Betrachtungen über die französische Revolution, nach dem Englischen des Herrn Burke von Friedrich von Gentz. Stuttgart und Leipzig 1836, S. 237 books.google http://books.google.de/books?id=aisIAAAAQAAJ&pg=PA237 "Nobility is a graceful ornament to the civil order. It is the Corinthian capital of polished society." - Reflections on the Revolution in France. 2nd edition. London 1790, p. 205 books.google http://books.google.de/books?id=Vn0OAAAAQAAJ&pg=PA205

„All that is necessary for the triumph of evil is that good men do nothing.“

—  Edmund Burke
Disputed, This is probably the most quoted statement attributed to Burke, and an extraordinary number of variants of it exist, but all without any definite original source. They closely resemble remarks known to have been made by the Utilitarian philosopher John Stuart Mill, in an address at the University of St. Andrew (1 February 1867) http://books.google.com/books?id=DFNAAAAAcAAJ&pg=PA36&dq=%22Bad+men+need+nothing+more+to+compass+their+ends,+than+that+good+men+should+look+on+and+do+nothing%22&hl=en&sa=X&ei=RUh5U6qWBLSysQT0vYGAAw&ved=0CEEQ6AEwBA#v=onepage&q=%22Bad%20men%20need%20nothing%20more%20to%20compass%20their%20ends%2C%20than%20that%20good%20men%20should%20look%20on%20and%20do%20nothing%22&f=false : Bad men need nothing more to compass their ends, than that good men should look on and do nothing. The very extensively used remarks attributed to Burke might be based on a paraphrase of some of his ideas, but he is not known to have ever declared them in so succinct a manner in any of his writings. It has been suggested that they may have been adapted from these lines of Burke's in his Thoughts on the Cause of the Present Discontents http://oll.libertyfund.org/Texts/LFBooks/Burke0061/SelectWorks/HTMLs/0005-01_Pt02_Thoughts.html (1770): "When bad men combine, the good must associate; else they will fall one by one, an unpitied sacrifice in a contemptible struggle." (see above) :This purported quote bears a resemblance to the narrated theme of Sergei Bondarchuk's Soviet film adaptation of Leo Tolstoy's War and Peace, produced in 1966. In it the narrator declares "All that is necessary for evil to triumph is for good men to do nothing", although since the original is in Russian various translations to English are possible. This purported quote also bears resemblance to a quote widely attributed to Plato, that said "The penalty good men pay for indifference to public affairs is to be ruled by evil men." It also bears resemblance to what Albert Einstein wrote as part of his tribute to Pablo Casals: "The world is in greater peril from those who tolerate or encourage evil than from those who actually commit it." : More research done on this matter is available at these two links: Burkequote http://www.tartarus.org/~martin/essays/burkequote.html & Burkequote2 http://www.tartarus.org/~martin/essays/burkequote2.html — as the information at these links indicate, there are many variants of this statement, probably because there is no known original by Burke. In addition, an exhaustive examination of this quote has been done at the following link: QuoteInvestigator http://quoteinvestigator.com/2010/12/04/good-men-do/.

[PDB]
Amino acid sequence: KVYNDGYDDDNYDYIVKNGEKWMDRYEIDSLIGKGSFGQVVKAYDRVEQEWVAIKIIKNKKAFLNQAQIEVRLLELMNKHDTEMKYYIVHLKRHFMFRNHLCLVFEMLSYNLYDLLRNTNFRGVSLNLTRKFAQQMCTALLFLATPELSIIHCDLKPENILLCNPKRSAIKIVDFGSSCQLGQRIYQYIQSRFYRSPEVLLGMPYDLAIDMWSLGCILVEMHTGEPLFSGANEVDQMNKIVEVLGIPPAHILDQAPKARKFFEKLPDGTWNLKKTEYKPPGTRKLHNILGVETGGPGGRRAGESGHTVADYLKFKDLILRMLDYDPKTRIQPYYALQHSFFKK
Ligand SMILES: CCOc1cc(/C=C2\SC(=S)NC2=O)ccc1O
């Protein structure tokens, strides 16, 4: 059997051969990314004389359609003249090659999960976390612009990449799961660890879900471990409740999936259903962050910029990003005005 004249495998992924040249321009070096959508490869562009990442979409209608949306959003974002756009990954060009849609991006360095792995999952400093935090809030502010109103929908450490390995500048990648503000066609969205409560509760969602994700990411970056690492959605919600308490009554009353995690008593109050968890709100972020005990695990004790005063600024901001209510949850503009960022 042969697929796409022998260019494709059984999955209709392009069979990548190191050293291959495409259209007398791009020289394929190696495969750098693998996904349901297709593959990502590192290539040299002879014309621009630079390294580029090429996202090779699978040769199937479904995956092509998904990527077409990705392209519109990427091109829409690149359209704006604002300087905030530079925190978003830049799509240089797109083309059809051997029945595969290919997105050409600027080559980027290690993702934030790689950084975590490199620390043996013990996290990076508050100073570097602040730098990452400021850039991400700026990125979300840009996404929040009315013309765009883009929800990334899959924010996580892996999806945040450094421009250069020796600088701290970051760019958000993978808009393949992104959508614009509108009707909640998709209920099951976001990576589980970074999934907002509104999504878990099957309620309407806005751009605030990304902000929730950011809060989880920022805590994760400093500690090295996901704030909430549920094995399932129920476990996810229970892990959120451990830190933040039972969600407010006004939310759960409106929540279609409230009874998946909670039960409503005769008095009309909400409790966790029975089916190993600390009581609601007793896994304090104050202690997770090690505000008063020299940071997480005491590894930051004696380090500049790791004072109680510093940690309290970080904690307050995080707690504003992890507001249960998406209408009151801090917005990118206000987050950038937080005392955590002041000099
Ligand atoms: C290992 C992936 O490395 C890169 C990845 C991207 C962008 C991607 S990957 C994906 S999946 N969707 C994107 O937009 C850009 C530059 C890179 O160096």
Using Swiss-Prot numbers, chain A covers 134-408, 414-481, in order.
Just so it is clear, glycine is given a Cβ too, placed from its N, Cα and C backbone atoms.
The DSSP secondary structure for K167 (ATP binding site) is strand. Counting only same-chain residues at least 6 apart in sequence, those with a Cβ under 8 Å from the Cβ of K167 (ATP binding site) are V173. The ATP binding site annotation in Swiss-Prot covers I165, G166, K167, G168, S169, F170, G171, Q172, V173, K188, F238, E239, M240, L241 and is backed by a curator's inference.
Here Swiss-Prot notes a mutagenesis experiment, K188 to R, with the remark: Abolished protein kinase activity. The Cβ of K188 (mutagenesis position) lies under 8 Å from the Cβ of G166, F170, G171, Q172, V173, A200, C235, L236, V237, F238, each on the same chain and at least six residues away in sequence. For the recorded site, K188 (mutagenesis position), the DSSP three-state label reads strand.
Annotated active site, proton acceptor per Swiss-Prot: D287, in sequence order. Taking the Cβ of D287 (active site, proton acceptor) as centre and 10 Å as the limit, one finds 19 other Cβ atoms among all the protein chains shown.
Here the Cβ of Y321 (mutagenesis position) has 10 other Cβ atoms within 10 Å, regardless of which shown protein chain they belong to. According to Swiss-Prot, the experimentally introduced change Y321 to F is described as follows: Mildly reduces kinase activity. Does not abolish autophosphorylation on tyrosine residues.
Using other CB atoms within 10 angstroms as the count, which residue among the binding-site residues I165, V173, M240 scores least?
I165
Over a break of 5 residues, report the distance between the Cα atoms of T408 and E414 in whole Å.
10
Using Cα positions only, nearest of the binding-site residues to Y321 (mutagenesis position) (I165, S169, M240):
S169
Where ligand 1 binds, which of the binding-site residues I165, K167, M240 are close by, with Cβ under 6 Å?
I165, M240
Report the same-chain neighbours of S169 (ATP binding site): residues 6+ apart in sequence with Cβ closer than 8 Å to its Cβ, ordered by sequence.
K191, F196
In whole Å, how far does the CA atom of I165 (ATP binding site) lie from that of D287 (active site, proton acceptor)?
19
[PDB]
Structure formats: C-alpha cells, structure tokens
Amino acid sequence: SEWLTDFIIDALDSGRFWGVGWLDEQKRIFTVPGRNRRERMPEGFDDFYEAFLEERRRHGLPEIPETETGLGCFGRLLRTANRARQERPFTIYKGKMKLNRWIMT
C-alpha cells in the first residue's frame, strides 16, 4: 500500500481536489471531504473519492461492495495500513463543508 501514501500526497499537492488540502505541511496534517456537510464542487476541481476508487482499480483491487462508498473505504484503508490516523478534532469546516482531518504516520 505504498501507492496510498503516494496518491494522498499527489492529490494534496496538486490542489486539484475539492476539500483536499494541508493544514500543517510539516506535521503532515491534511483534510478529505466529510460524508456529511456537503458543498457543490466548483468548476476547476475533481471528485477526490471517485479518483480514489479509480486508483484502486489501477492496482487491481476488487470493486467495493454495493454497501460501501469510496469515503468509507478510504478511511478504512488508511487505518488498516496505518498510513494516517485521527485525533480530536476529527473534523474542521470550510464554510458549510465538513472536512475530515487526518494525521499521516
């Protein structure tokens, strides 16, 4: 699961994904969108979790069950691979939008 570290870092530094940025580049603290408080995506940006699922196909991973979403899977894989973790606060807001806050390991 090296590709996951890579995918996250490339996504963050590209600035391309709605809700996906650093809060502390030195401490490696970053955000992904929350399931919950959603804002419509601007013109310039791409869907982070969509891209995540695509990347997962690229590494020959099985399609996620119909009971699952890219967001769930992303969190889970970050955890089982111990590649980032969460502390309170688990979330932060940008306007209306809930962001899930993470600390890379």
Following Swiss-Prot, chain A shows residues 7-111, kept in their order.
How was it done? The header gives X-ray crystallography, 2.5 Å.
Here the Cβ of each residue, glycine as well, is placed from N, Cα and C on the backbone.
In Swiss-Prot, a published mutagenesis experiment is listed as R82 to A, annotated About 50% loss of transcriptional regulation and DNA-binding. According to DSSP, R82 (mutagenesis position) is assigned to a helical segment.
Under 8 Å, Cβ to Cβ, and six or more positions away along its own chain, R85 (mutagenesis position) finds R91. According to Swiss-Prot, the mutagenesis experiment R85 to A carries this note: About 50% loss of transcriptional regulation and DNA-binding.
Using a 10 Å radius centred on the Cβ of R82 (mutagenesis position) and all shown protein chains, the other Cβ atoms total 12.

„Men are qualified for civil liberty in exact proportion to their disposition to put moral chains upon their own appetites, — in proportion as their love to justice is above their rapacity, — in proportion as their soundness and sobriety of understanding is above their vanity and presumption, — in proportion as they are more disposed to listen to the counsels of the wise and good, in preference to the flattery of knaves.“

—  Edmund Burke
Context: Men are qualified for civil liberty in exact proportion to their disposition to put moral chains upon their own appetites, — in proportion as their love to justice is above their rapacity, — in proportion as their soundness and sobriety of understanding is above their vanity and presumption, — in proportion as they are more disposed to listen to the counsels of the wise and good, in preference to the flattery of knaves. Society cannot exist, unless a controlling power upon will and appetite be placed somewhere; and the less of it there is within, the more there must be without. It is ordained in the eternal constitution of things, that men of intemperate minds cannot be free. Their passions forge their fetters. Letter to a Member of the National Assembly (1791)